JTS Choice Enterprises, Inc. v. E.I. Du Pont De Nemours and Company et al

Filing 161

ORDER granting in part and denying in part 95 Defendants Metro Paint Supplies, Inc. and Automotive Coatings & Equipment, LLCs Motion in Support of its Highly Confidential Document Designations, by Magistrate Judge Kathleen M. Tafoya on 3/4/2013.(ervsl, )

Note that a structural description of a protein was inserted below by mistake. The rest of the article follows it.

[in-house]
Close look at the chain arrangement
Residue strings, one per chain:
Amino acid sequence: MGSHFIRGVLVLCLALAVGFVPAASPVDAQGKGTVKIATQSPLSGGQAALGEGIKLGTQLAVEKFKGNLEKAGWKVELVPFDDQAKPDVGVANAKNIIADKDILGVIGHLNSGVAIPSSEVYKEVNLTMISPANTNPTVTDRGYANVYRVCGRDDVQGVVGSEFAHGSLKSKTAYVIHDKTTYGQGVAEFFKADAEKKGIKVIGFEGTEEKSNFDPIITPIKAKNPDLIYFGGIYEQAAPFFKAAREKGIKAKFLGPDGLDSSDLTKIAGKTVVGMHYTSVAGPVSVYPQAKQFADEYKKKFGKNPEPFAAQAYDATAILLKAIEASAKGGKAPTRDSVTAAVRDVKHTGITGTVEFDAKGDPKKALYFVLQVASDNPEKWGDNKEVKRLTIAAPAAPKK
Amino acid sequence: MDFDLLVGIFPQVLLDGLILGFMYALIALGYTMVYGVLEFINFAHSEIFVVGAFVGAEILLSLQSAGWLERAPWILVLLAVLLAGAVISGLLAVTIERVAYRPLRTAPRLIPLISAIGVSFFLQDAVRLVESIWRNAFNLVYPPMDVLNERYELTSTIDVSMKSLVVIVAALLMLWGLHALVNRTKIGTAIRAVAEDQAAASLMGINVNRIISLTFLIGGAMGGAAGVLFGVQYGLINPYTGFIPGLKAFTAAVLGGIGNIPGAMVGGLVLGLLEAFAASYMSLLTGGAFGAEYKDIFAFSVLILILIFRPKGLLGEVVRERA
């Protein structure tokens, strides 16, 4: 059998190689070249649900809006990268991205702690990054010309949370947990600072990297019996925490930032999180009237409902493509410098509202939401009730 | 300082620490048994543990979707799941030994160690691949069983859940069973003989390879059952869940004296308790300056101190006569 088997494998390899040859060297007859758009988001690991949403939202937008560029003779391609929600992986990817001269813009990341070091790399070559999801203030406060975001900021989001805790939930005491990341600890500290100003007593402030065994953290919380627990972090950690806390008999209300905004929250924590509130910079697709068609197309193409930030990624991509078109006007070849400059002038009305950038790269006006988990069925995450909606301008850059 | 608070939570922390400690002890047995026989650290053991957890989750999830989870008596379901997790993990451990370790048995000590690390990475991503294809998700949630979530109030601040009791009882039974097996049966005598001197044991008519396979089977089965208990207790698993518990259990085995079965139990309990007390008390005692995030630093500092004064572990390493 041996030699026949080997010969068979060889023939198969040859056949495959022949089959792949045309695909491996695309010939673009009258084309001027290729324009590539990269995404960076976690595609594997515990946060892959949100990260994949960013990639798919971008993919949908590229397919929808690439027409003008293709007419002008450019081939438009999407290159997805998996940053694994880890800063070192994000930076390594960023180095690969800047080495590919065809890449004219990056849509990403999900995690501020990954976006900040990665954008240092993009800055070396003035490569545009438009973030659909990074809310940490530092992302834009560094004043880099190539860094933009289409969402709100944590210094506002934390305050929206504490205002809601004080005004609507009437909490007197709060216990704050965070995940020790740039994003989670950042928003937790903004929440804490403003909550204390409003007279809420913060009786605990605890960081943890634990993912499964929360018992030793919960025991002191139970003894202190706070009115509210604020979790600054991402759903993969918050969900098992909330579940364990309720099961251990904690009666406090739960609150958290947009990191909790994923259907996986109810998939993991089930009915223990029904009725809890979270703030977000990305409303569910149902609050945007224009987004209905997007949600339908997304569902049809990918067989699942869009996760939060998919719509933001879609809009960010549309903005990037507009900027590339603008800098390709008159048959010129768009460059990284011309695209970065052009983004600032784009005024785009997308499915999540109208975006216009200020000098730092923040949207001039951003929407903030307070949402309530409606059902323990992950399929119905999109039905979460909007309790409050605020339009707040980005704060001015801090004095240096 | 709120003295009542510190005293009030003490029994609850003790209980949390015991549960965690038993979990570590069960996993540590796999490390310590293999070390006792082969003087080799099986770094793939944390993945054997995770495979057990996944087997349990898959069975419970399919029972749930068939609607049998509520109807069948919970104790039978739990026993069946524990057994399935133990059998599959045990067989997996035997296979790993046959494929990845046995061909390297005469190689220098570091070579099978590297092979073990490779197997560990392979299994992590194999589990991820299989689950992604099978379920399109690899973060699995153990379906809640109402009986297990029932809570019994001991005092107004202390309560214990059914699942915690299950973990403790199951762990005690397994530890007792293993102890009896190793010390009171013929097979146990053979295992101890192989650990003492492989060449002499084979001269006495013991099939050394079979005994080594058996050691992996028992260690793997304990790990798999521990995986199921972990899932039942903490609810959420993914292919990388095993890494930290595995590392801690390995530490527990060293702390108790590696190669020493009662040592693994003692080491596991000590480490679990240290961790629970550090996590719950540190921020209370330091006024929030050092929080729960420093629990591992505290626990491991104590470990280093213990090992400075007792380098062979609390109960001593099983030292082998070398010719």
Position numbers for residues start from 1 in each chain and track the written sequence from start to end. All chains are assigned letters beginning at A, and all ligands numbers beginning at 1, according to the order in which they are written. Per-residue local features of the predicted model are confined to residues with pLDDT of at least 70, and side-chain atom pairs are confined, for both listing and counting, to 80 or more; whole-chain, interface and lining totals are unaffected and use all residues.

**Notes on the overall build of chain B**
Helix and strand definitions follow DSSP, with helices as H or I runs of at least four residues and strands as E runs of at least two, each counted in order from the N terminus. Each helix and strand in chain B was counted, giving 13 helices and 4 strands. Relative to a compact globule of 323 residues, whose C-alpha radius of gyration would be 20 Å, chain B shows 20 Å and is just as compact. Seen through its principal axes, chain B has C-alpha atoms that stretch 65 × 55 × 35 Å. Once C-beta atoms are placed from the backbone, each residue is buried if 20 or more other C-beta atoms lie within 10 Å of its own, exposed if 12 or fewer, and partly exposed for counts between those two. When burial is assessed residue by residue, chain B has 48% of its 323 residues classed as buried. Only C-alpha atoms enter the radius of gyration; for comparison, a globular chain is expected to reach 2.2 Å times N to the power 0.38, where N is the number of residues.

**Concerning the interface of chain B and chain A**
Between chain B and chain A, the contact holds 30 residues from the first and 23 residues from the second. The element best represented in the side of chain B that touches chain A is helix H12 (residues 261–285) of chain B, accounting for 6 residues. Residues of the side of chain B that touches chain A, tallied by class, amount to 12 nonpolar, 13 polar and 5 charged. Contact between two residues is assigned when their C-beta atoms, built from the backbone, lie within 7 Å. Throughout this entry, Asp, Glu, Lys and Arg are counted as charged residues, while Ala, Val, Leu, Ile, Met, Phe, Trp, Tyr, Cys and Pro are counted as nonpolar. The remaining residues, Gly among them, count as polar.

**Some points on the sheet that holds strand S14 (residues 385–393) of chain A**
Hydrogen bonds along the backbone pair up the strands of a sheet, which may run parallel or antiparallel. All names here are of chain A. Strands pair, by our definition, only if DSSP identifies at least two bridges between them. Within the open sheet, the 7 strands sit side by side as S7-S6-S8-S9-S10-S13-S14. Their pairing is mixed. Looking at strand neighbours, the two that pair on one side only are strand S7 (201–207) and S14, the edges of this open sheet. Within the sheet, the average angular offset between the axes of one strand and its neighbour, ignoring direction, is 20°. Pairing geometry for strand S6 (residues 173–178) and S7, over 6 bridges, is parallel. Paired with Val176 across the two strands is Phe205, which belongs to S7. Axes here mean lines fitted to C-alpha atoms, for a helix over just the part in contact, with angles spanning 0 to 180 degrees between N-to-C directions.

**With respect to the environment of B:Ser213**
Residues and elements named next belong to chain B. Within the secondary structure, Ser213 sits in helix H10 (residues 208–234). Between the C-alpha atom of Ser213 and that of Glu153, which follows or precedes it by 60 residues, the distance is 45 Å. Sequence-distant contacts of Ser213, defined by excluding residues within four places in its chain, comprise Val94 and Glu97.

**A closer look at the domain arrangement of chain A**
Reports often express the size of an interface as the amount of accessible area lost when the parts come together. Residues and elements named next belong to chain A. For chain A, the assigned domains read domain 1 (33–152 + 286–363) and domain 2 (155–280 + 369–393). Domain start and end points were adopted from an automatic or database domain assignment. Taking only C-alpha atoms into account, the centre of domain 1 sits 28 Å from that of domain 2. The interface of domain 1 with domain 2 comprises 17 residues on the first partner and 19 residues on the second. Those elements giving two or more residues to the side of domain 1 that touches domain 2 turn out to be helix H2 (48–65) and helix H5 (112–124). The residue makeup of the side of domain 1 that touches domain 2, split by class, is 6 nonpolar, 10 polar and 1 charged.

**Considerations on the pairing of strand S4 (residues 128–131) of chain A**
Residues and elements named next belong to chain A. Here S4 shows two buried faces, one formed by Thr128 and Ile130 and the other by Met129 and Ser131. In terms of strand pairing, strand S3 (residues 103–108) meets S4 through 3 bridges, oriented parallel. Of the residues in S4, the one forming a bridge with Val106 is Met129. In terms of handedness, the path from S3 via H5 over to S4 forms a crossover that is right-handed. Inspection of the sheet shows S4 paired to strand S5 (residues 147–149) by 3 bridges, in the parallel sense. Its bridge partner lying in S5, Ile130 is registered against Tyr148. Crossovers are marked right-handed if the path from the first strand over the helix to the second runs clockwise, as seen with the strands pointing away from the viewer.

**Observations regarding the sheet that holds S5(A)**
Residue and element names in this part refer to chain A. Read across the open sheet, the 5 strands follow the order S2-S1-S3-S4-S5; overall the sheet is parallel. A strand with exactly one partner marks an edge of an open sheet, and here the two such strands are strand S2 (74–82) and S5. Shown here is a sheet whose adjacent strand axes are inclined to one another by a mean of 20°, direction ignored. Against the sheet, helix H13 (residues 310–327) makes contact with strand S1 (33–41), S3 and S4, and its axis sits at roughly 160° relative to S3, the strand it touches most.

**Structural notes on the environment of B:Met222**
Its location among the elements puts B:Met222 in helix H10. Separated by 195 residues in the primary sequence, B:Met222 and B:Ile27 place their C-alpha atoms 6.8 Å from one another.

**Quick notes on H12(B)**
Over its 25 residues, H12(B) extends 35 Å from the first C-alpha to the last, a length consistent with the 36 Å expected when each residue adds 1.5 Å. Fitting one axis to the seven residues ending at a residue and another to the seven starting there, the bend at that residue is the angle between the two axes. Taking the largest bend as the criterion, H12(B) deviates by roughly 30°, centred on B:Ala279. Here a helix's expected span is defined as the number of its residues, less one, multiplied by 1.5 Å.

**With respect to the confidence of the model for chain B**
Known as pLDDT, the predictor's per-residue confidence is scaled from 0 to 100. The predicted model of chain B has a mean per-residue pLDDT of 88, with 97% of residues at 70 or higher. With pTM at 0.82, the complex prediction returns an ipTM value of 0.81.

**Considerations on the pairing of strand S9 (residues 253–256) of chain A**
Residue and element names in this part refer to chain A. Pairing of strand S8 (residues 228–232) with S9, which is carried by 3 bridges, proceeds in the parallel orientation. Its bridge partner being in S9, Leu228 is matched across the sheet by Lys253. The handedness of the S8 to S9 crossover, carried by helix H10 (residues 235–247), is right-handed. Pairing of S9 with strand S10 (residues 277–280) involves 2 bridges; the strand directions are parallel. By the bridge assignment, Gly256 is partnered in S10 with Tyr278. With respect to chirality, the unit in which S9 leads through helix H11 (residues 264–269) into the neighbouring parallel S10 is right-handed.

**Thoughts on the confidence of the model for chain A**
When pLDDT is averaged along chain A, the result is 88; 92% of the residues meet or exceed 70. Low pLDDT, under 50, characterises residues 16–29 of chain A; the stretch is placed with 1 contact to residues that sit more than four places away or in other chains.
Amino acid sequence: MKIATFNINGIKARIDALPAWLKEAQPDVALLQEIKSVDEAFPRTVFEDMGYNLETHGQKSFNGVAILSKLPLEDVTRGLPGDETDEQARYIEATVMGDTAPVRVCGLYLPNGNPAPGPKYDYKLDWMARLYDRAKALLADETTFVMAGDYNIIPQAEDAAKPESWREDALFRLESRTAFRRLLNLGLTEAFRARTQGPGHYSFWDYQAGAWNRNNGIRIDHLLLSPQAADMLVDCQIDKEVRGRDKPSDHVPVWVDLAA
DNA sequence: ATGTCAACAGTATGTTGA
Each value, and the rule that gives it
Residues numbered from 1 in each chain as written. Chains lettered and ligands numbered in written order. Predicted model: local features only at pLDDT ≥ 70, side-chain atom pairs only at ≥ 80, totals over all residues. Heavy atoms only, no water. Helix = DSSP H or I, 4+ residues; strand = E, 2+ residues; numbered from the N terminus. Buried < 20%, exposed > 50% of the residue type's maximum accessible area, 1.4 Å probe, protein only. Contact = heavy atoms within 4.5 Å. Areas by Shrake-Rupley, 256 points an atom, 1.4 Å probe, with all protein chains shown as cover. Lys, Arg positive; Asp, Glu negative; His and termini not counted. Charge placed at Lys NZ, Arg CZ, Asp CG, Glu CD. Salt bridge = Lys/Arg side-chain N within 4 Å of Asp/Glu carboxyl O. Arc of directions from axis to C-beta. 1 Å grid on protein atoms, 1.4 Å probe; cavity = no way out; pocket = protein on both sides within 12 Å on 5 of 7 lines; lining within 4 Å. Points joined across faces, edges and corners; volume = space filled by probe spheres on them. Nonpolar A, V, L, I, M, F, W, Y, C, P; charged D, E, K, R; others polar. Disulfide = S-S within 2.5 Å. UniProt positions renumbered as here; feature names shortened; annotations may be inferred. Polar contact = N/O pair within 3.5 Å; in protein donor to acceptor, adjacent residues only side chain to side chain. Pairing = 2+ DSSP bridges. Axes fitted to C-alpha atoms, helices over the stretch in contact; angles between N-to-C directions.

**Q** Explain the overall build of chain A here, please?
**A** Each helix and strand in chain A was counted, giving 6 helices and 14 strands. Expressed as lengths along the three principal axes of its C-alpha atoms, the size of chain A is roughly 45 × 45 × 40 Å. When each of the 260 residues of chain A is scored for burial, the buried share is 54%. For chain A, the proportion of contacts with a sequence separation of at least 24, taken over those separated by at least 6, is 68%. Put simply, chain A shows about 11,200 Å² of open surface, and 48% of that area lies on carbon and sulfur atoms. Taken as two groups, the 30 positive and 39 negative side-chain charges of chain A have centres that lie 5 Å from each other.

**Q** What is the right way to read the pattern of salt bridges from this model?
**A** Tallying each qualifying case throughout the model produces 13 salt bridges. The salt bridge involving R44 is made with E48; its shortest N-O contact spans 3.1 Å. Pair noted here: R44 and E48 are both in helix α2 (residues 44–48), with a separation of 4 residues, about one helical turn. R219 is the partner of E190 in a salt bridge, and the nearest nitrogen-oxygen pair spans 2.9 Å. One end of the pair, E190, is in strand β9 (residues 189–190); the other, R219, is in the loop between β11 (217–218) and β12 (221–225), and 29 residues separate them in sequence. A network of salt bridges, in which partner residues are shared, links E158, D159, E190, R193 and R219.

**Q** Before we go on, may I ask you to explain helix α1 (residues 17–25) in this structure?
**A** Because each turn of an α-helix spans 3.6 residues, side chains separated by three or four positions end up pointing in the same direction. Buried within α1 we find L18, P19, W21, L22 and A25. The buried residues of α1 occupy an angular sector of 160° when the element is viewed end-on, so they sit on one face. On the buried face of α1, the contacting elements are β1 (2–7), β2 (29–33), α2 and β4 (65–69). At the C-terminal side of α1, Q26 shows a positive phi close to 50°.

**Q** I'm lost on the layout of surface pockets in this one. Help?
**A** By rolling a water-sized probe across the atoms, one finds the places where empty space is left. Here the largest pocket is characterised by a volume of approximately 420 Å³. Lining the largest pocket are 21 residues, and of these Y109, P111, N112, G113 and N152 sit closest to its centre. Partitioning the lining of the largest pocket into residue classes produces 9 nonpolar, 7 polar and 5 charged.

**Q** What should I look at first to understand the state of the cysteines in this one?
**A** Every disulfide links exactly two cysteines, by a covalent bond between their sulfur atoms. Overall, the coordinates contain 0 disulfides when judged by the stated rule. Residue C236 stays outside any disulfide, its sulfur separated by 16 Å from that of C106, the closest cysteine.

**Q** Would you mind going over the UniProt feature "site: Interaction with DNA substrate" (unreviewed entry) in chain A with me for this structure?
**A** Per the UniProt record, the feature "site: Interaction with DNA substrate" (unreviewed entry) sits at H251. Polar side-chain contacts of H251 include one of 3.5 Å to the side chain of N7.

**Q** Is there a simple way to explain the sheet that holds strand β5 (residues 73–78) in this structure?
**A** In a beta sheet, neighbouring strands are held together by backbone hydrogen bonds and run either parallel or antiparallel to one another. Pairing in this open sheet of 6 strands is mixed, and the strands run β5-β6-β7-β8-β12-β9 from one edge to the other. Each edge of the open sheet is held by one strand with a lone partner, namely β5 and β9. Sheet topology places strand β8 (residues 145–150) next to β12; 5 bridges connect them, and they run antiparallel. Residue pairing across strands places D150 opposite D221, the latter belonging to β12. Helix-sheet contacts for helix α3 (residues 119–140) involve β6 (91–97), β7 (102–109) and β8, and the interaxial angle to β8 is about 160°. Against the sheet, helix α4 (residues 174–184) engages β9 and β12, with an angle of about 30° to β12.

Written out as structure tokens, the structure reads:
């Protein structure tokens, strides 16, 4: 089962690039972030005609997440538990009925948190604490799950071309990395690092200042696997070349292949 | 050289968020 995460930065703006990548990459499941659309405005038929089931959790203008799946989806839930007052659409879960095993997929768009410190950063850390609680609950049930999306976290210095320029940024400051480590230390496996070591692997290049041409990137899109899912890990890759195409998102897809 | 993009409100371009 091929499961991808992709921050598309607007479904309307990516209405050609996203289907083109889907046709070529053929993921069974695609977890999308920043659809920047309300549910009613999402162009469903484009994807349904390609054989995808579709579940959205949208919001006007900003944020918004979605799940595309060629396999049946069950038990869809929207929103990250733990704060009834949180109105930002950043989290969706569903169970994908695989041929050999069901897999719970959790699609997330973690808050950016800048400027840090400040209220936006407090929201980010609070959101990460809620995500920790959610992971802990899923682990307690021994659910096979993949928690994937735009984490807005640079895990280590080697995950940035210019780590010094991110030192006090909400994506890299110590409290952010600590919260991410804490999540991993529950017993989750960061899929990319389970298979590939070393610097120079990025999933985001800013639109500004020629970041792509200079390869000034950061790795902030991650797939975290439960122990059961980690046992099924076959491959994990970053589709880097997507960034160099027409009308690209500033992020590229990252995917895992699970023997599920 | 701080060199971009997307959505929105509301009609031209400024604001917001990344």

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IN THE UNITED STATES DISTRICT COURT FOR THE DISTRICT OF COLORADO Magistrate Judge Kathleen M. Tafoya Civil Action No. 11–cv–03143–WJM–KMT JTS CHOICE ENTERPRISES, INC., Plaintiff, v. E.I. DU PONT DE NEMOURS AND COMPANY, METRO PAINT SUPPLIES, INC., and AUTOMOTIVE COATINGS & EQUIPMENT, LLC, Defendants. ORDER This matter is before the court on “Defendants Metro Paint Supplies, Inc. and Automotive Coatings & Equipment, LLC’s Motion in Support of its Highly Confidential Document Designations” (“Mot.”) [Doc. No. 95] filed October 2, 2012. Plaintiff filed a Response on October 26, 2012 (“Resp.”) [Doc. No. 103], and Defendants filed a Reply on November 13, 2012 [Doc. No. 119]. The parties entered into a Protective Order [Doc. No. 90]. In addition to the ability to designate documents produced in discovery as “Confidential,” anticipating protection from public purview,1 the parties also provided for an even more restrictive confidentiality designation, which they called “Highly Confidential Material.” The Protective Order provides: 2. Highly Confidential Material: Any material that is CONFIDENTIAL as described in paragraph 1[material which can be confidential material] that a party or nonparty believes should generally not be disclosed to a director, officer or employee of another party may be designated as HIGHLY CONFIDENTIAL. The parties contemplate that HIGHLY CONFIDENTIAL material shall include, inter alia, competitively sensitive financial data, current agreements with jobbers, distributors, and customers of jobbers and distributors, current and future business plans, and marketing plans and information. [Id. at 2.] The Protective Order further provides that Highly Confidential Material can only be disclosed by the Receiving Party to (a) outside counsel at a law firm of record, including staff, (b) court reporters, interpreters, translators, copy services and database/coding services retained by and providing services for counsel, (c) certain experts or consultants, (d) a person who prepared received, or reviewed the material prior to its production, (e) the Court, (f) in-house counsel employed by the Receiving Party, and (g) others as allowed by court order. [Id. at 6-7.] The practical ramifications of a “Highly Confidential” designation is that the representatives of 1 The provisions of a Protective Order apply only to conduct of the parties and their counsel unless one or more parties seeks to utilize the confidential document in a public court filing. Pursuant to D.C.COLO.LCivR 7.2B public access to a document which the parties agree is confidential nontheless may only be restricted if the party requesting restriction satisfies the provisions of Rule 7.2 through the filing of a proper motion. “[S]tipulations between the parties or stipulated protective orders with regard to discovery, alone, are insufficient to justify restricted access.” D.C.COLO.LCivR 7.2B.2 (emphasis added). 2 the companies involved in the litigation may not view the document or assist the attorney with the meaning of the document in the context of the allegations at issue in the litigation.2 Defendants have designated a number of documents as highly confidential, claiming that the disputed documents contain detailed technical and commercial information exposing the very heart of their business, including their business methods and approach to financing and investments, internal workings and competitive strategy, the identity and methods of analysis utilized by outside vendors, marketing and pricing plans, long term plans and forecasts, customer information and pricing, finances, customer agreements, inventory sheets and customer inventory, accounts receivable reports, billing information, and other vital competitive information. (See Defendants’ list of documents designated highly confidential, Mot., Ex. 4, [Doc. No. 95-4] and the highly confidential documents submitted for ex parte review [Doc. No. 98] filed with restriction level 3.) Plaintiff opposes this restrictive designation, stating that the documents are made up of weekly plans some of which have been released without any confidential markings at all, taxable total documents of which many of the same type of documents have been produced with only “confidential” protection, and customer rebate information that is critical to Plaintiff’s claims in the case. [Resp. at 7-8.] The burden is on the party resisting discovery or dissemination to establish that the information sought should be subject to additional protection. In re Michael Wilson & Partners, 2 The provisions of the Protective Order at issue here do not create a true “attorneys eyes only” condition for highly confidential documents since there are a number of other categories of persons allowed to view the material including experts, analysts and in-house counsel. 3 Ltd., Case No. 06-cv-02575-MSK-KLM, 2007 WL 3268475, at *2 (D. Colo. October 30, 2007) (citing Reed v. Nellcor Puritan Bennett & Mallinckrodt, 193 F.R.D. 689, 690 (D. Kan. 2000)). To meet this burden, the moving party must set forth specific facts showing good cause, not simply conclusory statements. Gulf Oil Co. v. Bernard, 452 U.S. 89, 102 n.16 (1981). Thus, Plaintiff must do more than simply allege that the documents are proprietary and confidential. S.E.C. v. Misner, Case No. 07-cv-01640, 2007 WL 3232132, at *3 (D. Colo. Oct. 30, 2007) (citing Reed, 193 F.R.D. at 691). In determining the proper level of protection, the Court must balance the requesting party’s need for the discovery against the resisting party’s claimed harm that will result from disclosure. Centurion Indus., Inc. v. Warren Steurer. & Assocs., 665 F.2d 323, 325 (10th Cir. 1981); A Major Difference, Inc. v. Wellspring Products, LLC, 243 F.R.D. 415, 416 (D. Colo. 2006). Confidential information that may be used against a company by a direct competitor in the lawsuit is generally afforded the maximum protection. See In re Michael Wilson & Partners, Ltd., at *3; Netquote, Inc. v. Byrd, 07-cv-00630-DME-MEH, 2007 WL 2438947, at *1-2 (D. Colo. Aug. 23,2007) (citing A/R Roofing, L.L.C. v. Certainteed Corp., No. 05-1158-WEB, 2005 WL 6794228, at *3 (D. An. Dec. 5, 2005) (finding that disclosure of information that could place one party at a disadvantage in the marketplace supported an attorney-eyes-only provision). See also Zenith Radio Corp. v. Matsushita Electric Industrial Co., 529 F. Supp. 866 (E.D. Pa. 1981) (“Competitive disadvantage is a type of harm cognizable under rule 26.”). The heart of the dispute in this case is that JTS and Metro Paint Supplies, Inc. and Automotive Coatings & Equipment, LLC, (collectively “Metro/Ace’) were DuPont’s 4 wholesalers, often referred to as “jobbers,” and that DuPont for many years prohibited its wholesalers from ‘poaching’ one another’s clients. According to the Second Amended Complaint (“Second Am. Compl.”)[Doc. No. 100], DuPont actively prohibited its wholesalers from competing with one another upon threat of being cut out of the program by DuPont. [Id. at 8.] DuPont’s wholesalers were encouraged to actively pursue only those retail establishments that were not already using DuPont products, so the competition between such DuPont wholesalers themselves was extremely limited. JTS’s allegations are that at some point DuPont started favoring Metro/Ace over JTS and actively awarded Metro/Ace rebates and other monetary incentives that allowed Metro/Ace to not only compete more favorably for nonDuPont customers, but that DuPont allowed and encouraged Metro/Ace to poach JTS’s customers while at the same time forbidding JTS from the same behavior toward Metro/Ace customers. [Id. at 11.] Joseph Schweid, one of the principals of JTS, had done business with DuPont since 1990 when JTS became an exclusive dealer of DuPont’s Coatings, a period of some nineteen years prior to the entry of Metro/Ace into the Colorado market selling DuPont products. (See Declaration of Joseph Schweid [Doc. No. 35-1] and Second Am. Compl. at 5-6.) The court therefore infers that Mr. Schweid was very knowledgeable about DuPont’s business methods, at least to the extent DuPont was dealing with jobbers such as JTS, the rewards its wholesalers would give to potential customers of DuPont products, and the incentives which wholesalers might give to its customers during that period of time. He was also very familiar with the way 5 the methods changed upon the entry of Metro/Ace into the Colorado market. [See Second Am. Compl., Exs. 2-6.] On June 20, 2011, JTS entered into an asset sale with National Coating and Supplies (“NCS”), a DuPont competitor. [Doc. No. 58-1.] The sale closed on June 22, 2011. [Doc. No. 37-1 ¶ 2.] The documents that consummated the sale were an Asset Purchase Agreement and a Bill of Sale. [Doc. No. 58-1.]3 Much of the instant motion obtains its thrust from the underlying assumption that JTS is a competitor with DuPont, Metro and ACE, making disclosure of certain kinds of documents and information worthy of protection from disclosure to the principals of the organizations. Joseph Schweid claims, “JTS continues to be in business. As part of NCS asset sale, the two principals of JTS, myself and my brother Steven Schweid, entered into non-competition agreements with NCS. JTS still is very much in business, but it is pursuing opportunities in fields that will not cause my brother or I to be in violation of the non-competition agreements.” (Decl. of Joseph Schweid [Doc. No. 37-1], ¶ 6.) It appears to this court that since NCS is a competitor of Defendants and the brothers Schweid have entered into non-compete agreements with NCS, Plaintiff JTS cannot be a direct competitor with the Defendants. Nevertheless, Metro/ACE claims that allowing Mr. Schweid to view the highly confidential documents would put 3 The District Court has found that the Purchase Agreement was ambiguous as to whether JTS retained the right to bring this lawsuit but ultimately found that Plaintiff did not intend to assign its right to bring the claims at issue in the case to National. Therefore, the court found standing on behalf of Plaintiff to bring the lawsuit and denied the Defendant’s Motion to Dismiss based on lack of subject matter. (See Order dated Jan. 15, 2013 [Doc. No. 139] at 8-9.) 6 defendants at a competitive disadvantage. Although the Defendants allege Mr. Schweid is an employee of NCS, he states in his Declaration, “My employment with NCS ended in December 2011.” [Doc. No. 37-1 at ¶ 9.] The court finds that to deprive Mr. Schweid from viewing the very documents which are at the heart of the alleged antitrust scheme alleged by JTS, in light of his long association with DuPont and ownership of JTS, would seriously cripple Plaintiff’s ability to present its case. Documents containing the highly confidential designation but predating June of 2011 are now antiquated. DuPont’s business model was apparently, at least according to the allegations in the Complaint, undergoing significant changes in the way wholesalers in one market were allowed to compete against one another beginning in 2009. Therefore, the documents which reflect the prior way of doing business–e.g., that “jobbers” would be penalized by DuPont if they tried to disadvantage another DuPont jobber–and the change that was allegedly occurring when Metro/Ace entered the Colorado market allegedly at the behest of DuPont, are not only highly relevant to the issues in this case, they also have little to do with the current competitive practices of DuPont and its wholesalers. As a general rule, business information that is substantially out of date is unlikely to merit protection under Rule 26(c). A party seeking to protect outdated information must make a specific showing of present harm. “While staleness of the information sought to be protected is not an absolute bar to issuance of an [protective] order, it is a factor which must be overcome by a specific showing of present harm.” Q-Tech Laboratories Pty Ltd. v. Walker, 01-cv-1458-REBCBS, 2002 WL 1331897, at *15 (D. Colo. June 4, 2002) (quoting Deford v. Schmid Products 7 Co., a Div. of Schmid Laboratories, Inc., 120 F.R.D. 648, 654 (D. Md. 1987). See also, Zenith Radio Corp., 529 F. Supp. at 891 (“An attempt to show that disclosure will indeed work a competitive disadvantage might be undermined if the information sought to be protected were stale.”). The very nature of the documents marked highly confidential but pre-dating the sale of JTS to NCS is therefore is less secretive. It appears to the court that a designation of “Confidential” would adequately protect this category of documents from dissemination to the public or to any competitor, and at the same time allow Mr. Schweid to actively and effectively participate in the litigation with his counsel. Documents post dating June of 2011, however, are deserving of more protection, as NCS is an active competitor of DuPont and Metro/Ace. Further, documents post dating the sale of JTS to NCS are significantly less relevant to any issue in the case with the exception of damages. The court has reviewed the documents submitted under restriction level 3 [Doc. No. 98]. Mindful that creating a restriction on disclosure of information that hinders a party in preparation and presentation of its case must be balanced against the need to protect competitive business information on the other, see Innovatier, Inc. v. Cardxx, Inc., 08cv-00273-PAB-KLM, 2008 WL 4889867, at *2 (D. Colo. Nov. 13, 2008), the court finds there is no document contained therein that dissuades the court from utilizing the June 22, 2011, date as the yardstick to determine when a document qualifies for the highly confidential designation. Therefore, it is ORDERED “Defendants Metro Paint Supplies, Inc. and Automotive Coatings & Equipment, LLC’s Motion in Support of its Highly Confidential Document Designations” [Doc. No. 95] is 8 GRANTED in part and DENIED in part. Documents contained in restricted filing Doc. No. 98 which are dated June 22, 2011, and later shall retain the “Highly Confidential” designation and be protected from disclosure as outlined in the Protective Order. Documents contained in restricted filing Doc. No. 98 dated at any time prior to June 22, 2011, will be re-designated as “Confidential” pursuant to the Protective Order and shall be produced to Plaintiff accordingly within five days of the entry of this Order. Dated this 4th day of March, 2013. 9